A firm long associated not only with the Bay of Plenty legal fraternity, but its economic growth , is celebrating its 100th year in business.
Tauranga-based Cooney Lees Morgan has, today, 91 staff, including 48 lawyers and nine senior partners, and an office in Matamata.
It’s come a long way from its humble beginnings when the firm was established in Te Puke in 1918 by Hugh Owen Cooney – or simply H.O. Cooney - and today three of his grandchildren are involved in the firm.
Mr Cooney was the son of Irish immigrants who farmed near Pukekohe. He became a teacher at a small school in Bay of Plenty and studied law in the evenings, wrapping a wet towel around his head to keep himself alert late into the night.
During class he would practice his courtroom skills, creating a moot court with his students. To sit his exams in Auckland, Mr Cooney would travel by horse across the Kaimai Range to Te Aroha where he would then catch a train into the city.
H.O. Cooney’s cases at the time were varied: from riots and assaults to claims for unpaid wages and complaints about uncleared weeds. He reportedly never lost a jury trial.
Initially, Mr Cooney worked with an elderly Te Puke solicitor, O.J. Hodge. He covered the full gamut of legal services: conveyancing, estates and contracts, financial issues and litigation, and in 1923, was admitted as a barrister of the Supreme Court in Auckland.
In the early 1930s, Mr Cooney and his friend Andy Jamieson set up Cooney and Jamieson in fast-growing Tauranga while retaining the office in Te Puke. However, the advent of war in 1939 led to the end of the partnership. Mr Jamieson signed up for the army in 1940 and was killed in Crete in 1941.
Lionel Lees became a partner in 1948, with the firm being renamed Cooney Jamieson & Lees.
The pair were heavily involved in the development of the region. H.O. Cooney was Mayor of Te Puke for a spell and an advocate for local Māori over land grievances. Mr Lees served on the Tauranga Council and was Deputy Mayor, as well as being on the committee that established the University of Waikato.
H.O. Cooney battled on behalf of Tauranga’s Harbour Board to secure a Port at Mt Maunganui - after fighting off challenges from Auckland and Whakatane at two Commissions of Inquiry, the Port got the green light and opened in 1955.
Eugene Denis (Ed) Morgan became a partner in 1955, resulting in the firm’s name expanding to Cooney Jamieson Lees & Morgan.
Mr Morgan was held as a prisoner of war by the Japanese during World War II, and on his release he weighed less than 35kg.
He had a prodigious talent for languages and spoke Malay and Tamil, English, French and Latin. Ed Morgan became known for championing Māori interests and was awarded an MBE for efforts such as helping set up the Tauranga Moana Māori Trust Board, and helping Māori obtain some control of the Whanganui River.
After his death, at his desk, in 1988, a commemorative plaque, a memorial gate, was put up at Ngati Hangarau marae, at Waharoa which remains at the marae.
Lament and tribute
Mr Cooney died in June 1959, aged 76; he and his wife Rosa had eight children, four boys, four girls, with one, Desmond, keeping the name on in the firm.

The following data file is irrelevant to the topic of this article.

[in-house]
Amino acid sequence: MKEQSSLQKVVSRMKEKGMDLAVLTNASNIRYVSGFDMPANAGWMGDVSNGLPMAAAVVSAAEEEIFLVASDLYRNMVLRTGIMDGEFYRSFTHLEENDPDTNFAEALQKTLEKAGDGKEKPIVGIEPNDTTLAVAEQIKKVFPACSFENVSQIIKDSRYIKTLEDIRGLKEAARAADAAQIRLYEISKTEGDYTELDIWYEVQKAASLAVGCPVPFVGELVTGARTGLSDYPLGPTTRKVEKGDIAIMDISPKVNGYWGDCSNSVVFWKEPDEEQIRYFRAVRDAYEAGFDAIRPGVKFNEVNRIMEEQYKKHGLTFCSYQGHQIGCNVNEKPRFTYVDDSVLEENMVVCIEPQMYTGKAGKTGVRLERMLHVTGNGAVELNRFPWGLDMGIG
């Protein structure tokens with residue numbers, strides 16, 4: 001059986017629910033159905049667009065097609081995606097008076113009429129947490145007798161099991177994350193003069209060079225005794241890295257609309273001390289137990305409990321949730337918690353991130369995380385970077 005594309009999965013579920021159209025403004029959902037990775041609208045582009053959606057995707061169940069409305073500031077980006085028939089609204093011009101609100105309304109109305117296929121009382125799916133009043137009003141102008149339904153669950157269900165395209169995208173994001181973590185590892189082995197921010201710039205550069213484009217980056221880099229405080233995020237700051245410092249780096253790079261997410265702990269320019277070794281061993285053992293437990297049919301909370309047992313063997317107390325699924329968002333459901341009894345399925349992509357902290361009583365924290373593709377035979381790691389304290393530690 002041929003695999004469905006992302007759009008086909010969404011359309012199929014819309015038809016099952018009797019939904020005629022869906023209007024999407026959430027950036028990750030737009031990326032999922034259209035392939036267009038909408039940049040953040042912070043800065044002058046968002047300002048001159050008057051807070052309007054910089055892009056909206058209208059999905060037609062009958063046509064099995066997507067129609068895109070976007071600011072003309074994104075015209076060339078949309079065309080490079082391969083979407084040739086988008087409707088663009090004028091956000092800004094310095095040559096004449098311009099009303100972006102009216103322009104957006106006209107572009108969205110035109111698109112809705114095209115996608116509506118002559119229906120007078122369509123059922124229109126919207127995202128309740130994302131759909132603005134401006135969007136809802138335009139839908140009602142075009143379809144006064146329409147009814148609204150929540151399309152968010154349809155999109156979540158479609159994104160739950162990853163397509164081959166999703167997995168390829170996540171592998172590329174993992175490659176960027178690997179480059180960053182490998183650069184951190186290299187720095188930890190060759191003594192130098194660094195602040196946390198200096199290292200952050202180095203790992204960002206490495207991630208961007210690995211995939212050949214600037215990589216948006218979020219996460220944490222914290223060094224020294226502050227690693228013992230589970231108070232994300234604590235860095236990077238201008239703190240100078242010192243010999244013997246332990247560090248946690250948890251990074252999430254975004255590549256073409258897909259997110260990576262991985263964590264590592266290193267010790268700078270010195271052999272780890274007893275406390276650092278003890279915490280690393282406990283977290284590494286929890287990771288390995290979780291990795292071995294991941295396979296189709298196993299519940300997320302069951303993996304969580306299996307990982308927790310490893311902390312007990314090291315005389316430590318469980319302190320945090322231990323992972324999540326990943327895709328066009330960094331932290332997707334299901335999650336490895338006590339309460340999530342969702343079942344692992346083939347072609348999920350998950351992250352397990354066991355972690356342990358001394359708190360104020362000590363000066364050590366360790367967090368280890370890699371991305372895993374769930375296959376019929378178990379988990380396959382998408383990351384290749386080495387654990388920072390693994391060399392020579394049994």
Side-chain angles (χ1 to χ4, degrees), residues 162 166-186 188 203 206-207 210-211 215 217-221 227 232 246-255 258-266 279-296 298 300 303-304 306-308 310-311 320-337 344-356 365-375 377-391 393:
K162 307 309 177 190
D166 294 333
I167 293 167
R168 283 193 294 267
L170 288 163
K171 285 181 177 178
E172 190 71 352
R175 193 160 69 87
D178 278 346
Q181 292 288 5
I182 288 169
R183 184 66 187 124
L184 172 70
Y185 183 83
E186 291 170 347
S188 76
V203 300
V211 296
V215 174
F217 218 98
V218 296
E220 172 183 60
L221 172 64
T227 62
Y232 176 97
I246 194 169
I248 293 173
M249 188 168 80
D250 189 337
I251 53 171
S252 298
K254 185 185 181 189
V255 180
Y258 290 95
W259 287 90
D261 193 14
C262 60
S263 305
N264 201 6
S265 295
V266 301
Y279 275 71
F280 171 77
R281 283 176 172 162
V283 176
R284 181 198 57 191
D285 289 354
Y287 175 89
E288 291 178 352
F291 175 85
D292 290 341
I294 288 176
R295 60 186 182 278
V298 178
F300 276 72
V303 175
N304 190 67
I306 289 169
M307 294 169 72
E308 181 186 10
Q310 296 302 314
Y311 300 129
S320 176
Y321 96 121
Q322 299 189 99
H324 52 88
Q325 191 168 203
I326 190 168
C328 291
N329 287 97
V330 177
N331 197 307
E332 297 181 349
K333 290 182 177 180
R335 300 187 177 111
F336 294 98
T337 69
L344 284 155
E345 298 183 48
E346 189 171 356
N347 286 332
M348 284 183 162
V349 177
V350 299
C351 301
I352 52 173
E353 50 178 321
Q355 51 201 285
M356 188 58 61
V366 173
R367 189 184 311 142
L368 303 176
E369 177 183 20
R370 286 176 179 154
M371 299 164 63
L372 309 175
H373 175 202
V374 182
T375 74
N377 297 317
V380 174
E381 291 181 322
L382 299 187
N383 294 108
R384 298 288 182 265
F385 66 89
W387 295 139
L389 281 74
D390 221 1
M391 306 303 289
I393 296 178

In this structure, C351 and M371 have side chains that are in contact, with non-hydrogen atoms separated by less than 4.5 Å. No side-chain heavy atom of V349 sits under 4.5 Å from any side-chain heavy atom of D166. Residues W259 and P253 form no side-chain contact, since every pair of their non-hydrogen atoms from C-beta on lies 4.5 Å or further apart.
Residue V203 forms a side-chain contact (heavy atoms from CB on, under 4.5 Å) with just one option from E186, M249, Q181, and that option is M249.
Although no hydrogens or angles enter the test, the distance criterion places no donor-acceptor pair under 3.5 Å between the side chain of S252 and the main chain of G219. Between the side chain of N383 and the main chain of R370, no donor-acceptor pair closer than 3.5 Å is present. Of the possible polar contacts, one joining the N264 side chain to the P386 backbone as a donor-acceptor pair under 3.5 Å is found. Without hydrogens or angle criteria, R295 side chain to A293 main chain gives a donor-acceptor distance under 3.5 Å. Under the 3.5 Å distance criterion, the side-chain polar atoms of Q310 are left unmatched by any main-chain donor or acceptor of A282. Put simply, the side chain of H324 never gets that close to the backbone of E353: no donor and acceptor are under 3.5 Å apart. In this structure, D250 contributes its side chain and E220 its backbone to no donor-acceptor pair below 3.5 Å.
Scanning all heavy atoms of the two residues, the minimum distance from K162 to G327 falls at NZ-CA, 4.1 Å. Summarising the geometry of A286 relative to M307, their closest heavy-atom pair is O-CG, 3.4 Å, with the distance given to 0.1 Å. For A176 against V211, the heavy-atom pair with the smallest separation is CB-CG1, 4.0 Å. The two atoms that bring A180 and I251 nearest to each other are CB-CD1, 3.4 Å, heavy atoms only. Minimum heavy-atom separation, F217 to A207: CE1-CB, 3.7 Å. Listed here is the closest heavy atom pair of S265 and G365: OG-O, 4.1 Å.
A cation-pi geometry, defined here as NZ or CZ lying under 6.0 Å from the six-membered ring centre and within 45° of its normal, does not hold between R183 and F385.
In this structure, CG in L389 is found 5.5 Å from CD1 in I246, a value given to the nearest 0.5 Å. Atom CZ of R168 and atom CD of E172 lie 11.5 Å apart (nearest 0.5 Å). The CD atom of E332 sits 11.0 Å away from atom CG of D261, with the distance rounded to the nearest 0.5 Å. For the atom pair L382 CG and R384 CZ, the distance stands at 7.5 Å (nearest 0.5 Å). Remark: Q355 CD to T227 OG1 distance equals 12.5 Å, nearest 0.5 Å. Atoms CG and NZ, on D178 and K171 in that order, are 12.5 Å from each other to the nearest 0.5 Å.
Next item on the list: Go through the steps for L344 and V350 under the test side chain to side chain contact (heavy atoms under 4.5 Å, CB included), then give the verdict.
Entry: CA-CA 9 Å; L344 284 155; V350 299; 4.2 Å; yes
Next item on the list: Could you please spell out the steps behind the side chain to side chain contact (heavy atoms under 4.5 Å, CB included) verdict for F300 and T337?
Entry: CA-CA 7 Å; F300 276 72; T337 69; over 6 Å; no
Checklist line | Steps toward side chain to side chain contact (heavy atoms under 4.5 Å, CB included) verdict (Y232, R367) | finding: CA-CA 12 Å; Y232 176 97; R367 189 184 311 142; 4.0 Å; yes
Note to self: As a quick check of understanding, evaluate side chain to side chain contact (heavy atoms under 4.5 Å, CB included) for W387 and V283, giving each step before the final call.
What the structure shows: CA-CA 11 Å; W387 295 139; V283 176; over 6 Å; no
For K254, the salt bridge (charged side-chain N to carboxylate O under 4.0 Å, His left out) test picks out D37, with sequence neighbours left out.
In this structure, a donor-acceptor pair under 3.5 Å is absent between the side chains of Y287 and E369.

A short notice in the Bay of Plenty Times on his death included a ‘Lament and Tribute’ from the Western Bay of Plenty Māori community.
Over the years the firm changed names, moved around Tauranga and has grown in tune with the growth of the city itself.
H.O. Cooney’s legacy is very much remembered today by those who work there.
“My grandfather created a business which has been woven into the fabric of our family for three generations,” says Owen Cooney, the only Cooney family partner at the firm, though his two cousins, Michael and Paul Cooney, remain as consultants.
“I think we all feel a great sense of satisfaction and pride that it’s been able to make such a big contribution to the growth and development of this city.”
Owen Cooney says he never thought of anything else but being a lawyer. “As a child I often visited my father, Des, at work and remember the Grey St office as being a warm and welcoming place where I was surrounded by uncles, aunts and cousins. I was allowed to sit in Dad’s office chair and while I don’t remember the exact ‘moment’ I decided to become a lawyer, I’ve never wished to be anywhere else.”
Mr Cooney says Cooney Lees Morgan has always evolved with the times, and not shirked from embracing new technology.
“Technology has also changed immensely, and Cooney Lees Morgan has always been quick on the uptake. We embraced fax machines and internal email as soon as they became available, and now the digital age has completely changed the way we operate.”
With Tauranga’s growing population Cooney Lees Morgan developed throughout the 1990s, bringing in new partners to meet increasing demands. A new structure was needed, and the firm developed into four divisions - property and development; litigation and local government; corporate and commercial; and private client and trust. A ‘management committee’ was formed to oversee the broader development of the firm.
“Our offices are now open plan and our clients’ needs have changed too. When I first started practicing law you were expected to be all things to all people. But we were among the first law firms to begin specialising in different areas and working collaboratively. Now our clients are happy to deal with a range of experts across different practice groups and this has become a normal way to do business,” says Owen Cooney.